Clinical Research Papers:
Screening for distress in patients with intracranial tumors during the first 6 months after diagnosis using self-reporting instruments and an expert rating scale (the basic documentation for psychooncology short form – PO-Bado SF)
Metrics: PDF 471 views | HTML 1029 views | ?
Mirjam Renovanz1, Helena Tsakmaklis1, Sari Soebianto1, Isabell Neppel1, Minou Nadji-Ohl2, Manfred Beutel4, Andreas Werner4, Florian Ringel1 and Anne-Katrin Hickmann2,3
1Department of Neurosurgery, University Medical Center, Johannes-Gutenberg-University of Mainz, Mainz, Germany
2Department of Neurosurgery, Klinikum Stuttgart, Katharinenhospital, Stuttgart, Germany
3Department of Spine Surgery and Neurosurgery, Schulthess Klinik, Zürich, Switzerland
4Department of Psychosomatic Medicine and Psychotherapy, University Medical Center, Johannes-Gutenberg-University of Mainz, Mainz, Germany
Mirjam Renovanz, email: email@example.com
Keywords: brain tumor patients; psychosocial screening; Po-BADO; external assessment; neuro-oncology
Received: February 21, 2018 Accepted: June 22, 2018 Published: July 24, 2018
Objective: Psychosocial screening in brain tumor patients is of high importance. We applied The Basic Documentation for Psycho-Oncology Short Form (PO-Bado SF) in primary brain tumor patients and patients with metastasis. The aim was to evaluating consistency between physicians' perception and the results of the patients' self-assessment.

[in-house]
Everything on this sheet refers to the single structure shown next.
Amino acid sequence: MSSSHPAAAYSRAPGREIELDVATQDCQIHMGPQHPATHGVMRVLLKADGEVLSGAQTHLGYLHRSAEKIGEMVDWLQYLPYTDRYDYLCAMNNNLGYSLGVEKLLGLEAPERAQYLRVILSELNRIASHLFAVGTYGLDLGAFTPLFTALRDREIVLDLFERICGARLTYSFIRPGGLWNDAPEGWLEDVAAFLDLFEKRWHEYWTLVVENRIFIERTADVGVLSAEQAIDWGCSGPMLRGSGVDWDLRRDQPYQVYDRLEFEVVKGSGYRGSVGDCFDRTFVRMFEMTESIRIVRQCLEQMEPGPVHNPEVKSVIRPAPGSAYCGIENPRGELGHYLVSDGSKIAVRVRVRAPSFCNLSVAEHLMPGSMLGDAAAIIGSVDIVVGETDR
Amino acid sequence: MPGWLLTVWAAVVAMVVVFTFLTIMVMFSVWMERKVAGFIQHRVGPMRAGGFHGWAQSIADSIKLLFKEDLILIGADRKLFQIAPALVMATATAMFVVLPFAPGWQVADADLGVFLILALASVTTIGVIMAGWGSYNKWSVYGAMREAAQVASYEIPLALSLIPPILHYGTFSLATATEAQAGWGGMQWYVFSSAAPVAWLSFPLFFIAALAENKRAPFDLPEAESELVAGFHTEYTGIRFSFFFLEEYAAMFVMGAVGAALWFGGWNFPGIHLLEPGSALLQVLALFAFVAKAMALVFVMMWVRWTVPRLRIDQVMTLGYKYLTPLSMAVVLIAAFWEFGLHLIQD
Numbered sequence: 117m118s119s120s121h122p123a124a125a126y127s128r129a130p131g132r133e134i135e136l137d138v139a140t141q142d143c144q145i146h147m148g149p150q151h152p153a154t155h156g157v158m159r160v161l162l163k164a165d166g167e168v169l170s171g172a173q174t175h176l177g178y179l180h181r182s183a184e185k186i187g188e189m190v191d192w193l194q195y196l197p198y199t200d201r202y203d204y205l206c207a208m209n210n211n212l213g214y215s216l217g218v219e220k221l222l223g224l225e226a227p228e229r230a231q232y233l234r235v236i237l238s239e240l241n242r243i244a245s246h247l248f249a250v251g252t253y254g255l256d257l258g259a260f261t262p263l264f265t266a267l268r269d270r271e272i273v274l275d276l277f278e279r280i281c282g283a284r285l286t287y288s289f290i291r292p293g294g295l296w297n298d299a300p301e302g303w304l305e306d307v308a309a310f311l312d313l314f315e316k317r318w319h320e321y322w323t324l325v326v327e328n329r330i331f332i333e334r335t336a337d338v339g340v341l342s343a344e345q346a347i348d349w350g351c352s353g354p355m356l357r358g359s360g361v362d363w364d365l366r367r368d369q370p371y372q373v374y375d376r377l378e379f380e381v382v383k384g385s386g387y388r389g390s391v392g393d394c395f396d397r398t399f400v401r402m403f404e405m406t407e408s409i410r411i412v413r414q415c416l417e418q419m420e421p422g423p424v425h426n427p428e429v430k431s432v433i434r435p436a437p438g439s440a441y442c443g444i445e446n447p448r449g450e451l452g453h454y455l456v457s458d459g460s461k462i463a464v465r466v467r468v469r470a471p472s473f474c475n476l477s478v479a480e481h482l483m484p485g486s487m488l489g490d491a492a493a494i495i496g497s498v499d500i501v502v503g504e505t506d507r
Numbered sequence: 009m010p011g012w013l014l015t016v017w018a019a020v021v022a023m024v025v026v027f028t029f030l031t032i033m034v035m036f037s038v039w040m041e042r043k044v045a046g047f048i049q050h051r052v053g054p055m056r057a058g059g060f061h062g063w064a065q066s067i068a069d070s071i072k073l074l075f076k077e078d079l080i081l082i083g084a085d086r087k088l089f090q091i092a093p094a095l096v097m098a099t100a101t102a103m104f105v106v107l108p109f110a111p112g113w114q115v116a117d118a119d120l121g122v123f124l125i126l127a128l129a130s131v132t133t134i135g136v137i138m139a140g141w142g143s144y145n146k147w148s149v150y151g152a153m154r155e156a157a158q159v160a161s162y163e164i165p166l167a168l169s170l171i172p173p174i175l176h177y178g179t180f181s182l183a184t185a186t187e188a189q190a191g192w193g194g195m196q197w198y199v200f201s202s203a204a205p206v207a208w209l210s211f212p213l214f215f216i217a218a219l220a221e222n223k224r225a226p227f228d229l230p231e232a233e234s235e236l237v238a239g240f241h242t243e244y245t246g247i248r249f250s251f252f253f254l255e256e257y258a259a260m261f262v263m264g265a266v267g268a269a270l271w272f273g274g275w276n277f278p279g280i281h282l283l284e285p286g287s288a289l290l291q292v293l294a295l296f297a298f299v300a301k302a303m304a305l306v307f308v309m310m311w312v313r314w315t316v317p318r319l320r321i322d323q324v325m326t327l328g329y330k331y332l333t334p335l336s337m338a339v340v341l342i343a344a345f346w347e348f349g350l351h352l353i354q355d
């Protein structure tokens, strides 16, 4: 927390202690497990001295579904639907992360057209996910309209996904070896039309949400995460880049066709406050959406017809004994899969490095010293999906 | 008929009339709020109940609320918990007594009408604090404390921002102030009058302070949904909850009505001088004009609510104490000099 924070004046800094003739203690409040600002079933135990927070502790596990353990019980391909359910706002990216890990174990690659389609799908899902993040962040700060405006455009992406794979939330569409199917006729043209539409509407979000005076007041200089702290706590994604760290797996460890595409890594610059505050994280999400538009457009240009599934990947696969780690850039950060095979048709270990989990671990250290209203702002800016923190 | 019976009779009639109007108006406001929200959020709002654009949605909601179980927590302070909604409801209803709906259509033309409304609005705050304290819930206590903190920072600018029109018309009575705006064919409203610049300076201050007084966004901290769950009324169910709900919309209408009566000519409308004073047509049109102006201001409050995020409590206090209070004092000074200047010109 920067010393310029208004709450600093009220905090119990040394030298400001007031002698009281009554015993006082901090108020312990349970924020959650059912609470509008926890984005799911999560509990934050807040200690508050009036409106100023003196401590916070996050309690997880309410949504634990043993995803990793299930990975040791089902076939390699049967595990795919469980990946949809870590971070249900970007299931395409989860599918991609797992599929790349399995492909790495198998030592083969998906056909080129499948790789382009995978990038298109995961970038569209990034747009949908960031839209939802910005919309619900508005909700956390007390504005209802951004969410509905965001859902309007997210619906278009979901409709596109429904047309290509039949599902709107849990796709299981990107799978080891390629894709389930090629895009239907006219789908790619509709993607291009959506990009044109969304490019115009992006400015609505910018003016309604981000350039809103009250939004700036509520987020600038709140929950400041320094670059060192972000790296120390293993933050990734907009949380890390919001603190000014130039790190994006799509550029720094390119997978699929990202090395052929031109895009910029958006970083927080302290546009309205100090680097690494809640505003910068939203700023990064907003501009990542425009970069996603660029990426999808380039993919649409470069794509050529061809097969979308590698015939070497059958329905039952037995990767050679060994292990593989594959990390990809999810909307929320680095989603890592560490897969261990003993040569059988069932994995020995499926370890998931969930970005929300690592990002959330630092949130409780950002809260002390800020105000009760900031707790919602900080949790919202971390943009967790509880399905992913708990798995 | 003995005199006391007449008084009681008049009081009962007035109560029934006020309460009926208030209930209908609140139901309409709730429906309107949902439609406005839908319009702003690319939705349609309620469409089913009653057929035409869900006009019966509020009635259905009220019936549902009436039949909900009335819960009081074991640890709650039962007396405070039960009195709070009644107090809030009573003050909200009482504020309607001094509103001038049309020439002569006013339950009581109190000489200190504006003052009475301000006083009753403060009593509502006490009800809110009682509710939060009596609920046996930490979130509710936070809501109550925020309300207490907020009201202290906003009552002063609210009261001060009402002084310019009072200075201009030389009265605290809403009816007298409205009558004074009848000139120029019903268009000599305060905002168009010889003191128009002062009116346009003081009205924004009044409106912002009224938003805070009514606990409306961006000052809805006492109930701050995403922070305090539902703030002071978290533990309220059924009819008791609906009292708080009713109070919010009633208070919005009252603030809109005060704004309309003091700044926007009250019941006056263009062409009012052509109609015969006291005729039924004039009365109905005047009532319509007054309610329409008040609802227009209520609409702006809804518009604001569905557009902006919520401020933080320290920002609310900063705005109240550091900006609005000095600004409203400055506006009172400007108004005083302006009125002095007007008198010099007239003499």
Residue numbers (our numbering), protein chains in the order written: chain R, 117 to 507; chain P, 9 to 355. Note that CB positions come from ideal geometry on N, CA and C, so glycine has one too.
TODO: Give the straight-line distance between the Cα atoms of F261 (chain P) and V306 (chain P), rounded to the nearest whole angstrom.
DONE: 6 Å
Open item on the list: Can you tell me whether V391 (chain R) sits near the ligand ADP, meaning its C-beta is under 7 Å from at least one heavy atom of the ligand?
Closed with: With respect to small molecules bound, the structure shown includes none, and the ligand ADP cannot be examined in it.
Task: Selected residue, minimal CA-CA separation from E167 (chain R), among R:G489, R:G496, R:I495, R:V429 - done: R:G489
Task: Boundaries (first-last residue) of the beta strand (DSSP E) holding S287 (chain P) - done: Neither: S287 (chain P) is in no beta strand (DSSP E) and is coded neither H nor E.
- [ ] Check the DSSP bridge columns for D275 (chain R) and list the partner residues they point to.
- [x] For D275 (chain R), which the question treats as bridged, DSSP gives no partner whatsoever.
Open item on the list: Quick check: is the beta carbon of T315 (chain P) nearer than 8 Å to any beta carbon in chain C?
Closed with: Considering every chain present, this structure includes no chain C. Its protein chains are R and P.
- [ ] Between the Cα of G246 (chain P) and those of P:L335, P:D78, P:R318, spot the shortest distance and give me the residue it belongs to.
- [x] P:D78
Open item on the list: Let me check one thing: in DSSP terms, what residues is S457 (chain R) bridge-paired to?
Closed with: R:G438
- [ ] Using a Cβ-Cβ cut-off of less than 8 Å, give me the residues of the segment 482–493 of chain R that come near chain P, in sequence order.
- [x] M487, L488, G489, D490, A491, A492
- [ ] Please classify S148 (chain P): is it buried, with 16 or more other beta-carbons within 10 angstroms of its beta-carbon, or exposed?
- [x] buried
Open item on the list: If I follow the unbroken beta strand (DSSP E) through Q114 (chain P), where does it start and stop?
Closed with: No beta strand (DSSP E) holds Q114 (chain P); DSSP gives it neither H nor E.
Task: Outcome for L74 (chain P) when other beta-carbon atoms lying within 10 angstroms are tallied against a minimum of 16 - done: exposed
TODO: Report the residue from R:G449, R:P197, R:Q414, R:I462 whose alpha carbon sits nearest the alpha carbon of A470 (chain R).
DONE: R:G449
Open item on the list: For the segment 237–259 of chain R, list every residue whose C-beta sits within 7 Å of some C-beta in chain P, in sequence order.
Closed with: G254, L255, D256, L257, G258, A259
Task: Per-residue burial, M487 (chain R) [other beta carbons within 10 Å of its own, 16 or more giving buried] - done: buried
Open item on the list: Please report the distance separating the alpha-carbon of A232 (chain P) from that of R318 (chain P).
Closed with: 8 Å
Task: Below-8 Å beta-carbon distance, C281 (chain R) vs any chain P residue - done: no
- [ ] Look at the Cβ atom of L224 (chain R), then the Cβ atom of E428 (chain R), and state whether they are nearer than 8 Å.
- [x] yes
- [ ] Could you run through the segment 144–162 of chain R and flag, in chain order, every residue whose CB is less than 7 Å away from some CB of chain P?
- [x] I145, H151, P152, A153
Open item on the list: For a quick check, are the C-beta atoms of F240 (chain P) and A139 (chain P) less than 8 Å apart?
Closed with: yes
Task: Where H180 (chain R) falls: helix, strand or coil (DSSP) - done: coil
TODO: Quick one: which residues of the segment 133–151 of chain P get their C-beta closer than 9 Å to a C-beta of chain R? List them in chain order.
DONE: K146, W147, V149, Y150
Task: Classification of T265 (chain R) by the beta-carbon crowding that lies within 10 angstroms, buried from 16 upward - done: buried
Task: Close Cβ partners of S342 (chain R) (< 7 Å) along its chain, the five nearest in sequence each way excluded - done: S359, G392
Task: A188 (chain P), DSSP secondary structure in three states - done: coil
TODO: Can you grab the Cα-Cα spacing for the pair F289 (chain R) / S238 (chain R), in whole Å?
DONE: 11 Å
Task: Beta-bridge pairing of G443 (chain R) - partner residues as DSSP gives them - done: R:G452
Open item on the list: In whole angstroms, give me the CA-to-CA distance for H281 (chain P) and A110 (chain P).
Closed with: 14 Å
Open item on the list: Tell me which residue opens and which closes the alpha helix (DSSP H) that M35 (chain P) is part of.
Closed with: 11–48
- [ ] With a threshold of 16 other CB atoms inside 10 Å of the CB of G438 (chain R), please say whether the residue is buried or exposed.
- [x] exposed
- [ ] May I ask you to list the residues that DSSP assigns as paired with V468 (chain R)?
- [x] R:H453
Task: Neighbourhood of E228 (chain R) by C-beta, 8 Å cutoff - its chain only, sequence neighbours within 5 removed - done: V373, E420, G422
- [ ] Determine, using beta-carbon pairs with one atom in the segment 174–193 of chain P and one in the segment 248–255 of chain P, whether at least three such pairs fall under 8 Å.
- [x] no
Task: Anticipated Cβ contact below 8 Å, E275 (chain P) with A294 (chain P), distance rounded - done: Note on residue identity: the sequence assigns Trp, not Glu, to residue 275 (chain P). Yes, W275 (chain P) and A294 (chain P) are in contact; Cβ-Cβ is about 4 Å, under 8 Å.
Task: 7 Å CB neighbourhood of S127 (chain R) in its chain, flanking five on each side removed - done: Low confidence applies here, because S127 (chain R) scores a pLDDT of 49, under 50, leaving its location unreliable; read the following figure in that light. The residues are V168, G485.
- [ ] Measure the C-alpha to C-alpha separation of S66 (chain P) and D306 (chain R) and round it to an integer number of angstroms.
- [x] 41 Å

Materials and Methods: 140 patients with first diagnosis of a brain tumor were screened during their hospital stay (t1) using Distress Thermometer (DT) and Hornheide Screening Instrument (HSI), health-related quality of life was assessed by EORTC QLQ-C30 + BN20. After 3 (t2) and 6 months (t3), patients were re-evaluated. Attending neuro-oncologists completed the PO-Bado SF at all three time points (cut-off for being in need for support >8).
Results: At t1, the mean of the PO-Bado SF total score was 7.71 (SD = 4.08), at t2 8.22 (SD = 5.40) and at t3 7.62 (SD = 5.72).
The proportion of patients reaching a total score >8 was at t1: 43%, at t2: 41% and at t3: 47% (t1–3). Discrimination of PO-Bado SF total score, between patients in (DT ≥6) and those not in distress was more sensitive (cut-off 8.5, AUC 0.772, sens. 71.3%, spec. 67.6%) than discrimination compared to the HIS (cut-off 9.5, AUC 0.779, sens. 65.1%, spec. 77.7%). Higher PO-Bado-SF total score correlated with higher DT scores (r = 0.6, p < 0.0001) and lower EORTC GHS scores (r = −0.55, p < 0.0001).
Conclusion: Physicians' perception according to PO-Bado SF provides a different measure for psychosocial burden in patients with brain tumors, however does not completely reflect patients' wishes.
All site content, except where otherwise noted, is licensed under a Creative Commons Attribution 3.0 License.